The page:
Minerals and Metals

Author: Karl Tsuji
International Trade Analyst

Change in 2014 from 2013:

  To view changing data, mouseover the graphic below.
  • U.S. total exports: Decreased by $8.5 billion (5 percent) to $153.1 billion
  • U.S. general imports: Increased by $14.6 billion (8 percent) to $205.1 billion

U.S. trade in minerals and metals over the past five years continued to be concentrated among the same top-three sector trading partners: Canada, China, and Mexico (table MM.1). In 2014, these three countries together accounted for about two-fifths of both U.S. domestic exports (38 percent) and U.S. general imports (41 percent). Several factors contributed to the leading shifts in U.S. imports and exports of minerals and metals during 2013‒14, including the economic performance of major downstream consuming industries (table MM.2), particularly higher shipment values recorded by most individual durable-goods manufacturing industries;1 continued expansion of construction activity;2 continued energy exploration, development, and production;3 lack of sufficient domestic mine resources for many critical raw materials; and higher prices for most minerals and metals, with certain precious metals noted among the exceptions.4

Table MM.1: Minerals and metals: U.S. exports and general imports, by selected trading partners, 2010–14
 
Million $
 
           
Absolute change,
Percent change,
Item
2010
2011
2012
2013
2014
2013-14
2013-14
U.S. exports of domestic exports merchandise:              
Canada 25,075 28,825 28,948 27,732 27,326 -406 -1.5
China 10,823 13,517 12,193 11,998 10,477 -1,521 -12.7
Mexico 12,594 15,829 17,758 18,793 20,897 2,104 11.2
India 3,160 2,838 4,644 2,641 2,399 -242 -9.2
Germany 3,694 4,351 3,928 4,043 3,829 -214 -5.3
South Korea 3,152 4,207 3,796 3,682 3,306 -377 -10.2
Japan 3,022 3,678 3,078 3,153 3,439 286 9.1
United Kingdom 9,974 13,115 11,163 4,764 6,821 2,057 43.2
Israel 700 1,157 1,909 857 579 -278 -32.5
Switzerland 10,211 13,194 14,788 13,351 7,655 -5,696 -42.7
All other 27,701 40,189 38,799 42,714 35,364 -7,350 -17.2
Total domestic exports 110,106 140,901 141,002 133,730 122,092 -11,638 -8.7
Re-exports 18,299 24,111 23,011 27,907 31,030 3,123 11.2
Total U.S. exports (domestic exports and re-exports) 128,405 165,012 164,013 161,636 153,122 -8,515 -5.3
U.S. general imports:              
Canada 31,652 35,352 32,431 32,670 33,272 602 1.8
China 22,293 25,369 27,034 27,786 30,922 3,137 11.3
Mexico 16,329 21,935 21,997 19,277 19,416 139 0.7
India 7,713 9,150 8,673 10,343 11,066 723 7
Germany 6,358 7,884 7,921 7,743 8,176 433 5.6
South Korea 3,491 5,052 5,910 5,552 7,706 2,154 38.8
Japan 5,808 7,083 8,153 7,433 7,399 -34 -0.5
United Kingdom 2,947 3,259 3,712 3,333 3,836 502 15.1
Israel 8,245 9,747 8,818 9,385 9,951 567 6
Switzerland 1,265 1,671 1,630 1,435 2,064 629 43.8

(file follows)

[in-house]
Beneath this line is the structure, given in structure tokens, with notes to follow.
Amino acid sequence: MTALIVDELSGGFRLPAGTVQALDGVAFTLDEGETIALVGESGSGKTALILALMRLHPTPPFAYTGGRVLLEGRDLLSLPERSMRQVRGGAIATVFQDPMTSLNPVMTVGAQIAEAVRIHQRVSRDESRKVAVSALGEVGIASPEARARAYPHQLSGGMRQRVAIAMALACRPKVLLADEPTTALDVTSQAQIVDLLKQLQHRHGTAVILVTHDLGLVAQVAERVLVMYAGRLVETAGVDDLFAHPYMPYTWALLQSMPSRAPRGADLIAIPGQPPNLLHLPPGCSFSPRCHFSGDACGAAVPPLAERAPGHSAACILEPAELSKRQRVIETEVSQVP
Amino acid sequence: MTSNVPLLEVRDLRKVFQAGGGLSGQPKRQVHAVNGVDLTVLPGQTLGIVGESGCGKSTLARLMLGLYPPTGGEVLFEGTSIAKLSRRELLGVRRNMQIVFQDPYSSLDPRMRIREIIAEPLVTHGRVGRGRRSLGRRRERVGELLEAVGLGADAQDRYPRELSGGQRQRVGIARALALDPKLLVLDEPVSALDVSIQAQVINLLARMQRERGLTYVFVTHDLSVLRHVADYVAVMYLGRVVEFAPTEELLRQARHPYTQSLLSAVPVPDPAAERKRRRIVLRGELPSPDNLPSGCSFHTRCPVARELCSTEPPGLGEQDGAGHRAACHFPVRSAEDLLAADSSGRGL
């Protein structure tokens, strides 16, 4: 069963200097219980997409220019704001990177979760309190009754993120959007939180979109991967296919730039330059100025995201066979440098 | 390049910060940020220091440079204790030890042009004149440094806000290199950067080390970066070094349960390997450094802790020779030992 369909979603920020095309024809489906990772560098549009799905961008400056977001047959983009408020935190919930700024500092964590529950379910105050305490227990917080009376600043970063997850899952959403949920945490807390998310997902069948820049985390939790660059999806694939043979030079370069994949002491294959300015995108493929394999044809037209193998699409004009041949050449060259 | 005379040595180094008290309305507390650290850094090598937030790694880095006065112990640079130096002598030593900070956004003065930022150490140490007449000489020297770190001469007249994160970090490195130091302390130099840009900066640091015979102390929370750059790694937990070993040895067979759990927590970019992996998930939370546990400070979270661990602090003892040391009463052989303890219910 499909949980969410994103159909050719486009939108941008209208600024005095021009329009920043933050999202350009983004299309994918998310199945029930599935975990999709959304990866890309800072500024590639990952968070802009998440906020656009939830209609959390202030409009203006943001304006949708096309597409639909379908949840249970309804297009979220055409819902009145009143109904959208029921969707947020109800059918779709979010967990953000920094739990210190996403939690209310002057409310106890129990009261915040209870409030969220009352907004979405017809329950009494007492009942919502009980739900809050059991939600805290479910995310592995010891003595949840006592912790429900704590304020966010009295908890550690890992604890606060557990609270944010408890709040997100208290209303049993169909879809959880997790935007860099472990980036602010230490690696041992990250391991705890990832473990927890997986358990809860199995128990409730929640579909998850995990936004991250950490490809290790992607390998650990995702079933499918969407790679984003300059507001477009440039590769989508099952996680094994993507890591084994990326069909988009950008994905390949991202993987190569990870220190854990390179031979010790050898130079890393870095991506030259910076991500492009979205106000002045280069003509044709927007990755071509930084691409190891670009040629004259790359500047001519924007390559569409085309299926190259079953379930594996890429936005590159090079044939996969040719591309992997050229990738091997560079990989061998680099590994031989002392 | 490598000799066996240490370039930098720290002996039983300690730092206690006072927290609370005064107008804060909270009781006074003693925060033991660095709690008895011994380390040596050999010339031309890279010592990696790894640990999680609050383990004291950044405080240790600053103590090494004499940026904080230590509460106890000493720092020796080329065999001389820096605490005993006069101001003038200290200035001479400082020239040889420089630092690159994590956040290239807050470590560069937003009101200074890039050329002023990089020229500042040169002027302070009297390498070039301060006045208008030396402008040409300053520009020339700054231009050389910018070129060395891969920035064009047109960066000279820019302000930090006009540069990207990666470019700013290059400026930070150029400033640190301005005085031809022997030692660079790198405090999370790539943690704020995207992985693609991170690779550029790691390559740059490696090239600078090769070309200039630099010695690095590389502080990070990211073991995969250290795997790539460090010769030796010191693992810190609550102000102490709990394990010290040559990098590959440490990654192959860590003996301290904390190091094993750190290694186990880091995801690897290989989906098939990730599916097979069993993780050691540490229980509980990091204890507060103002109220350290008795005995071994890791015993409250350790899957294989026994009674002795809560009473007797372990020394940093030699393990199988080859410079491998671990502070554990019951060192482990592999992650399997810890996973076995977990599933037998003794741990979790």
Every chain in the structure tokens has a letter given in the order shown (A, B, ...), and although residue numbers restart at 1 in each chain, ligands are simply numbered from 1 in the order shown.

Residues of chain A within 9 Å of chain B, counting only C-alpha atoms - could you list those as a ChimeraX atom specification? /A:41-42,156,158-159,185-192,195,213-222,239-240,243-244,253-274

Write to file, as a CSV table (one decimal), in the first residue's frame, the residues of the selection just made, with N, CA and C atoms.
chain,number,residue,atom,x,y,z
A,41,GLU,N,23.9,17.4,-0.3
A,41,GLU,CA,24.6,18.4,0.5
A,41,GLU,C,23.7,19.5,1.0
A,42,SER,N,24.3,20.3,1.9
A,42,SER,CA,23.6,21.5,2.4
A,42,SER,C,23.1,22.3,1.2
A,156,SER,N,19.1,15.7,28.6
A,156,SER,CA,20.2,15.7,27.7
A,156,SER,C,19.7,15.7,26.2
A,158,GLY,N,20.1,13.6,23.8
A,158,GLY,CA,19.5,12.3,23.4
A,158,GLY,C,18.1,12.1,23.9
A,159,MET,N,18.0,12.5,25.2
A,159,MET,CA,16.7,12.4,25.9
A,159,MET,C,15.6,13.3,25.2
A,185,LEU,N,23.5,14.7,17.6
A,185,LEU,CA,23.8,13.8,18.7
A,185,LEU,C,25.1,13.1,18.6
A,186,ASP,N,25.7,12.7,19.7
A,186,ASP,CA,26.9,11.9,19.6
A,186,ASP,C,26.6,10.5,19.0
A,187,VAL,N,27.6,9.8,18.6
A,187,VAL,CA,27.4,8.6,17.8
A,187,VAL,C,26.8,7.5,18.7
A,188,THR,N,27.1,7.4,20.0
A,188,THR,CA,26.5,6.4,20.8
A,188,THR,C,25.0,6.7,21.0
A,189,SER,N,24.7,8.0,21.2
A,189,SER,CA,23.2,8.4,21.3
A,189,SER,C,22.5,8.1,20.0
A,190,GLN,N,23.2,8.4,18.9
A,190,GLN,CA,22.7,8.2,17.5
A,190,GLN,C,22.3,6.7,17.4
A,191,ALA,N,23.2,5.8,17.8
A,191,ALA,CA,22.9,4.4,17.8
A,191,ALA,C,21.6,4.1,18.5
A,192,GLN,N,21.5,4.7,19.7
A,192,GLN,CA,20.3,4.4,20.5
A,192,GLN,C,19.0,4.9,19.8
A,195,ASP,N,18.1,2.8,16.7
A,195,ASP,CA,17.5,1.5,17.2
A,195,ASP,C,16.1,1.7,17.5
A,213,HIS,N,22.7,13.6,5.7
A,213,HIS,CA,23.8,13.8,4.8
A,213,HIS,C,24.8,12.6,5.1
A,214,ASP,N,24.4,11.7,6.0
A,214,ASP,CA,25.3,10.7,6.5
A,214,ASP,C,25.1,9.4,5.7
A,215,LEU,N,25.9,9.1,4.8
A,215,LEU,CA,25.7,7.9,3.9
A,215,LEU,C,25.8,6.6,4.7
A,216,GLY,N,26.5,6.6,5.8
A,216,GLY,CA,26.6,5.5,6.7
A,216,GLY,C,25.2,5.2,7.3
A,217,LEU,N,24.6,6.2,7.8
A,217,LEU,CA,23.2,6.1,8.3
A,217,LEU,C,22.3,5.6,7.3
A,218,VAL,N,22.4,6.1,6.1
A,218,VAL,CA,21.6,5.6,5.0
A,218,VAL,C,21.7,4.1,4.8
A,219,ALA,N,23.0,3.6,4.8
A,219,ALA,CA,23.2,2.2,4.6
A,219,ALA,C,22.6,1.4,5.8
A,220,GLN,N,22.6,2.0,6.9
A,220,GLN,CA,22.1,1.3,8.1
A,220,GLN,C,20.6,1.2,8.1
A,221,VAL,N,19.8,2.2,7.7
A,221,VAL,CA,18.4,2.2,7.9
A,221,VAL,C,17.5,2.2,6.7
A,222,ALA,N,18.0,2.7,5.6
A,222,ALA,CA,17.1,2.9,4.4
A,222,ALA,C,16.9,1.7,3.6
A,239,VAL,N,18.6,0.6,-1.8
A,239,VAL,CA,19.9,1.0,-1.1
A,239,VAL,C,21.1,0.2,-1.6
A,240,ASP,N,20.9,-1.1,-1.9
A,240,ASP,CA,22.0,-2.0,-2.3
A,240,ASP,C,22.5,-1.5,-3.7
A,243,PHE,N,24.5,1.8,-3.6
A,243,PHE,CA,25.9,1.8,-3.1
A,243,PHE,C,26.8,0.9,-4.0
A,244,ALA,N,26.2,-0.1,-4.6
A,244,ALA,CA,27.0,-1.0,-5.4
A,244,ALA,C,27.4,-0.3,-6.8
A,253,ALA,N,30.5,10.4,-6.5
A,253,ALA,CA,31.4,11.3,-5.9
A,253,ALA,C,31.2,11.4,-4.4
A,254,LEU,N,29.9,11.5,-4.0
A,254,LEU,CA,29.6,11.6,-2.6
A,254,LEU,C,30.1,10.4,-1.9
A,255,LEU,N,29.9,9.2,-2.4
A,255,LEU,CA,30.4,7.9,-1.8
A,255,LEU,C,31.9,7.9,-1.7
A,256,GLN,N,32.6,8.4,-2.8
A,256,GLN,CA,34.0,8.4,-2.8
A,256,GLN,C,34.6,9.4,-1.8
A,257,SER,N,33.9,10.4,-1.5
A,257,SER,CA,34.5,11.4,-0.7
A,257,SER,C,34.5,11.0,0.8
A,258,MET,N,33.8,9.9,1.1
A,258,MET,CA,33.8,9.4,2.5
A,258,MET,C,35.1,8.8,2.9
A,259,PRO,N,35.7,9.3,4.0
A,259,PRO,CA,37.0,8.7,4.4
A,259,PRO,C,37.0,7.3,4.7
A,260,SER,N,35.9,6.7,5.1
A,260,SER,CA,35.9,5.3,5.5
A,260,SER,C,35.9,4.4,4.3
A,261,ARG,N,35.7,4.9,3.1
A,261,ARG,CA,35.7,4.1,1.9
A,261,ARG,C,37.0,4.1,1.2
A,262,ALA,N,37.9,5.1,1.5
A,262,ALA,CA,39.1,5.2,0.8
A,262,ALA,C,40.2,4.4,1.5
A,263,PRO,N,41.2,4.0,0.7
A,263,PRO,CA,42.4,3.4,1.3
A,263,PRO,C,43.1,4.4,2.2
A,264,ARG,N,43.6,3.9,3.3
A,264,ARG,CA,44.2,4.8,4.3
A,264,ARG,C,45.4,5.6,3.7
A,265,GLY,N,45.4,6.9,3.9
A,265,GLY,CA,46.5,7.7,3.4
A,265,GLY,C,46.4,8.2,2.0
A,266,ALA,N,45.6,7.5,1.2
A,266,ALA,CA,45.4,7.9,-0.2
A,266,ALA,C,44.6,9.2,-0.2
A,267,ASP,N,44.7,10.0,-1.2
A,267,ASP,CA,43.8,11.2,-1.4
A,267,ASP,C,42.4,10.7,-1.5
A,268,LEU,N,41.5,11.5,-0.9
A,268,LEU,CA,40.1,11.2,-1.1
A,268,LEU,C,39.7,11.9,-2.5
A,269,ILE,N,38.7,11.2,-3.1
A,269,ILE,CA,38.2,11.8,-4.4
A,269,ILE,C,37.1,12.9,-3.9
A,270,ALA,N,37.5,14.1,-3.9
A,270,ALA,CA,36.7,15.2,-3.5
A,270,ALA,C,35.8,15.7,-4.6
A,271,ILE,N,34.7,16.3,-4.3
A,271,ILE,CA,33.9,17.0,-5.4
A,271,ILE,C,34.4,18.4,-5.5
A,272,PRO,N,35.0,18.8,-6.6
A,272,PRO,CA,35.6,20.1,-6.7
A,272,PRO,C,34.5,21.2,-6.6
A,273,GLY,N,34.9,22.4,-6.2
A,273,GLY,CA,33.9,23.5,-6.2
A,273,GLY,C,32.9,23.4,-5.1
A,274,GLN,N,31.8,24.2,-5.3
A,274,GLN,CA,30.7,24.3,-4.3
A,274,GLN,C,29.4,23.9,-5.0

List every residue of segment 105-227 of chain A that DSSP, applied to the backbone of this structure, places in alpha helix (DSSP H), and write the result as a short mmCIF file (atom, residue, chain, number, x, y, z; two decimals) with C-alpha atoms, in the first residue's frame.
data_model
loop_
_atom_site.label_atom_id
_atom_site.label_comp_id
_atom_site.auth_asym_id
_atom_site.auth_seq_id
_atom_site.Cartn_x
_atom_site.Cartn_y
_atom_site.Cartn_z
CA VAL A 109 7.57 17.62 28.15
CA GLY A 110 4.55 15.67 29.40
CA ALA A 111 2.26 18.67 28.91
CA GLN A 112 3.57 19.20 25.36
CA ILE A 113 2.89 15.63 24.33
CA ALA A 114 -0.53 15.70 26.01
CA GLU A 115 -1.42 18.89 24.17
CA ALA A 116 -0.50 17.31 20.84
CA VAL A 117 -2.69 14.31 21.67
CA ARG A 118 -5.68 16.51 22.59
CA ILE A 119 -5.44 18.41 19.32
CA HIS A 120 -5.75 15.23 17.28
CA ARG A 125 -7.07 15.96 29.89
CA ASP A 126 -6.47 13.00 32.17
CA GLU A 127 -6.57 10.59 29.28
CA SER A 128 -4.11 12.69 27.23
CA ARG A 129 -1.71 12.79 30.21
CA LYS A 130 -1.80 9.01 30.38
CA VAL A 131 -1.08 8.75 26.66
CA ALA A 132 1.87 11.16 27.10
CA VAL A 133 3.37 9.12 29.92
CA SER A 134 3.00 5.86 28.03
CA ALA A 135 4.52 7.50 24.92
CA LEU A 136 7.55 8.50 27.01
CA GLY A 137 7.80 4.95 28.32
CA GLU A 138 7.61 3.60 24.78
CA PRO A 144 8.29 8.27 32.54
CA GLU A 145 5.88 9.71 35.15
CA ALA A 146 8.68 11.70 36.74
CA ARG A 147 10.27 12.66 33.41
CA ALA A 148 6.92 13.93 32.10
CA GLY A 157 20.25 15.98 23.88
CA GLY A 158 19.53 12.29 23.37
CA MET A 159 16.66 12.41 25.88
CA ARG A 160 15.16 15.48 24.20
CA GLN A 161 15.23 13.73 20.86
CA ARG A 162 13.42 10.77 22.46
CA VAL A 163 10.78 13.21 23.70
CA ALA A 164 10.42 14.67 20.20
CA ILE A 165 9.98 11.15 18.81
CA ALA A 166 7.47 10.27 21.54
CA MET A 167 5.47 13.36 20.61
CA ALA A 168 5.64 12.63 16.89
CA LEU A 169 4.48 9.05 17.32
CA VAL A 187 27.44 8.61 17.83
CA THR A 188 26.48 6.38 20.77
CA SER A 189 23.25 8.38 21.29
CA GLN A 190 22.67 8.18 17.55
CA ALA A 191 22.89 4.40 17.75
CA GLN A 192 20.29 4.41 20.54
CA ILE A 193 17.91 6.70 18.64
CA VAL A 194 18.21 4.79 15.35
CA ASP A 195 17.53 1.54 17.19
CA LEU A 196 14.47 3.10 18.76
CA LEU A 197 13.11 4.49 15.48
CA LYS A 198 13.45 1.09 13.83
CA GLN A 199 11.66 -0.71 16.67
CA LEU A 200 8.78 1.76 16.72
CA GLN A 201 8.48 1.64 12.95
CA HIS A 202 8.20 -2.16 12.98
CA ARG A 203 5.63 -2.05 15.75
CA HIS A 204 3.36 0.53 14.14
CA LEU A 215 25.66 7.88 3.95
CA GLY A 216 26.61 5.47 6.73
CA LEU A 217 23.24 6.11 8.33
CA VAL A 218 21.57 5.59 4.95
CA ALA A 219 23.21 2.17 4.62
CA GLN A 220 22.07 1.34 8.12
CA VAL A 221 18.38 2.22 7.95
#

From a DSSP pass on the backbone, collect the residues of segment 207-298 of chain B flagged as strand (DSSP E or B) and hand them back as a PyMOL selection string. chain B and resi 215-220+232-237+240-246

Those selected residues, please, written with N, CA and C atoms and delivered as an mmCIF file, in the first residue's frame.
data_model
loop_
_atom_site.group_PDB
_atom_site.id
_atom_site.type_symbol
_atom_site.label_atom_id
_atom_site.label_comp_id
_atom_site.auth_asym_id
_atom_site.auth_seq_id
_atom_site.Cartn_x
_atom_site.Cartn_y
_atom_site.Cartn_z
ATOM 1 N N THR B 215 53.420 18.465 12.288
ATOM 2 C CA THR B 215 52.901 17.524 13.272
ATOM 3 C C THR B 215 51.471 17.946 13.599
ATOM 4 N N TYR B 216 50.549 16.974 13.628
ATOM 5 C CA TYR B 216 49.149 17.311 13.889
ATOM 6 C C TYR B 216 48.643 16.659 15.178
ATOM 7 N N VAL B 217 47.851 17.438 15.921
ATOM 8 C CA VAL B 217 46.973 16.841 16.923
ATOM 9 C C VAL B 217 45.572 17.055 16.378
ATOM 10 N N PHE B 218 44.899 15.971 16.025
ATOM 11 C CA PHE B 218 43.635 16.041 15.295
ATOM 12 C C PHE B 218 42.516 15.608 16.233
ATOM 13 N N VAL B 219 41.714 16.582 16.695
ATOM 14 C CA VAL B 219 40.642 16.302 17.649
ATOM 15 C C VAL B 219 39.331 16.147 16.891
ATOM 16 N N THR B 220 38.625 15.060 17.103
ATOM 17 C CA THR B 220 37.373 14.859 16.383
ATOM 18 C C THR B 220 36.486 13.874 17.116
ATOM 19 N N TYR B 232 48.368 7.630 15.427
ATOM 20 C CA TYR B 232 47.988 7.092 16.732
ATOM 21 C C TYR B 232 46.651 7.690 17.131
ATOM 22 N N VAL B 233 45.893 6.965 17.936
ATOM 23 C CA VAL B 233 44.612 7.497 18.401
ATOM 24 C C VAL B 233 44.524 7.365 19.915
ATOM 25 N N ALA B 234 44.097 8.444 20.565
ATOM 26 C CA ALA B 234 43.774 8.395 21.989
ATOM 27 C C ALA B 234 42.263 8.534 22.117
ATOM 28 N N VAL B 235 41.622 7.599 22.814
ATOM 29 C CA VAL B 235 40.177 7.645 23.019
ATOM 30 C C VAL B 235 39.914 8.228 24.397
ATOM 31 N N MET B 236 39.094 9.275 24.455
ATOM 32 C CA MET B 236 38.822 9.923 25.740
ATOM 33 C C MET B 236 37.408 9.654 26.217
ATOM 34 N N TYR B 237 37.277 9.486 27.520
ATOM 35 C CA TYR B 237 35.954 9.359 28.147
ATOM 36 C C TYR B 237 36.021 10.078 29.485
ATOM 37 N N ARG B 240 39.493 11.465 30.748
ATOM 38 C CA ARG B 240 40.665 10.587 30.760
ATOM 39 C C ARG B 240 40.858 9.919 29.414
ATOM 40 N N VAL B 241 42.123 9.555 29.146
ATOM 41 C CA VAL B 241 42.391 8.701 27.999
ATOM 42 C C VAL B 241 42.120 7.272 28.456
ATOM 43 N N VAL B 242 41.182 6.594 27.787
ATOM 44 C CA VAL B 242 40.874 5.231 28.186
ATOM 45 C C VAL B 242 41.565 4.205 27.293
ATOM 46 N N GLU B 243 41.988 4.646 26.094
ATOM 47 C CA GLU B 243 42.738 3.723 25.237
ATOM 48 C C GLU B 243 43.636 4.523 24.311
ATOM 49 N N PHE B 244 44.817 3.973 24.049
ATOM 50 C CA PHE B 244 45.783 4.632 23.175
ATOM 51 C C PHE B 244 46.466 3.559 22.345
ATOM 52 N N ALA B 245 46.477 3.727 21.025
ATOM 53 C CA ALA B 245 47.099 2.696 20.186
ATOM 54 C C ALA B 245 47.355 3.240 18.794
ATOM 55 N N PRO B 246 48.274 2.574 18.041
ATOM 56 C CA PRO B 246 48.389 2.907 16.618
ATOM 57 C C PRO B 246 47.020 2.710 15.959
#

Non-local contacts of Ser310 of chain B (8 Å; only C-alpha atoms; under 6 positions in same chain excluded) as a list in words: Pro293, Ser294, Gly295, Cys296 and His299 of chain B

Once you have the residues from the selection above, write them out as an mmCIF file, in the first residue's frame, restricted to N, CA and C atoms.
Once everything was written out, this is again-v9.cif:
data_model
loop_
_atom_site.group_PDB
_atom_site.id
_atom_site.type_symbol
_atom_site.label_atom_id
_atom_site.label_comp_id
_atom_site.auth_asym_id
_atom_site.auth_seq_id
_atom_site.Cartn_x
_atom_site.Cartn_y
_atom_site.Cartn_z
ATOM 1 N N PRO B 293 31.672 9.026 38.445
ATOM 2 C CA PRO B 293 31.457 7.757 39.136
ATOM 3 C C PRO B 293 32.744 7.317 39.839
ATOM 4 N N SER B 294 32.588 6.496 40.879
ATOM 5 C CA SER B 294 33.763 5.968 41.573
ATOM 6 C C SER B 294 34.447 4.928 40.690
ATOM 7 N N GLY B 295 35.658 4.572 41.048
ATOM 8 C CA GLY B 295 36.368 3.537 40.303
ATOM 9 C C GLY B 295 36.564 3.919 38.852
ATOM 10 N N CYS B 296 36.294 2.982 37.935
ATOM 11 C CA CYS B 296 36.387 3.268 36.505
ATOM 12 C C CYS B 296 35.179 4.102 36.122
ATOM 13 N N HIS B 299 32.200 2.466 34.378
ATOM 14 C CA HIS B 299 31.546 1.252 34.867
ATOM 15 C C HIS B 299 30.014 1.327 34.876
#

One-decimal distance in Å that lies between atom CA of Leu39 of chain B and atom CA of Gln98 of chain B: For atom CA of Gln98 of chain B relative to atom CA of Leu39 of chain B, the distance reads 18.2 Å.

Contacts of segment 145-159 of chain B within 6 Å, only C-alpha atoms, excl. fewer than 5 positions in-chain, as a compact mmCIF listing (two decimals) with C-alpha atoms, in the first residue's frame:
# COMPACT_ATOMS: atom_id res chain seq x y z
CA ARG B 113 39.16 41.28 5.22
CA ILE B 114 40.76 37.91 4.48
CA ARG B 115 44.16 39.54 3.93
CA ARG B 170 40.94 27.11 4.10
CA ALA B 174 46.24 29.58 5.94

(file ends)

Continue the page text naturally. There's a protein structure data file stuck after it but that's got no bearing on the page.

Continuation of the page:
All other 51,145 67,149 68,802 65,478 71,274 5,796 8.9
Total general imports 157,246 193,651 195,080 190,435 205,082 14,648 7.7
Source: Compiled from official statistics of the U.S. Department of Commerce for the 2010–14 period. These reflect all official revisions of previously published data up to June 2014 (accessed April 21, 2015).
Note: Import values are based on Customs value; export values are based on free along ship value, U.S. port of export. Calculations based on unrounded data. The trading partners shown are those with the largest total U.S. trade (U.S. general imports plus U.S. domestic exports) in these products in the current year. Re-exports (also called foreign exports) are further defined in the “Frequently Asked Questions” (FAQs) and in the “Trade Metrics” discussion.
Table MM.2: Minerals and metals: Leading changes in U.S. domestic exports and general imports, 2010–14
 
Million $
 
           
Absolute change,
Percent change,
Item
2010
2011
2012
2013
2014
2013-14
2013-14
U.S. domestic exports:              
Increases:              
Miscellaneous products of base metal (MM031) 7,103 8,092 8,836 9,279 9,948 669 7.2
Copper ores and concentrates (MM004) 1,181 2,226 2,396 2,573 3,238 665 25.9
Decreases:              
Precious metals and non-numismatic coins (MM020) 28,054 42,136 43,091 38,836 26,953 -11,883 -30.6
Iron and steel waste and scrap (MM023) 8,378 11,475 9,421 7,578 6,175 -1,404 -18.5
Natural and synthetic gemstones (MM019) 3,303 3,709 3,632 2,358 2,170 -189 -8
All other 62,087 73,263 73,625 73,106 73,609 504 0.7
Total 110,106 140,901 141,002 133,730 122,092 -11,638 -8.7
U.S. general imports:              
Increases:              
Plates, sheets, and strips of carbon and alloy steels (MM025B) 6,149 7,965 8,731 7,927 12,263 4,335 54.7
Ingots, blooms, billets, and slabs of carbon and alloy steels (MM025A) 2,521 4,203 4,094 3,404 5,199 1,795 52.7
Natural and synthetic gemstones (MM019) 19,744 23,599 21,601 24,924 26,448 1,524 6.1
Pipes and tubes of carbon and alloy steels (MM025L) 6,803 8,959 11,270 8,930 10,155 1,225 13.7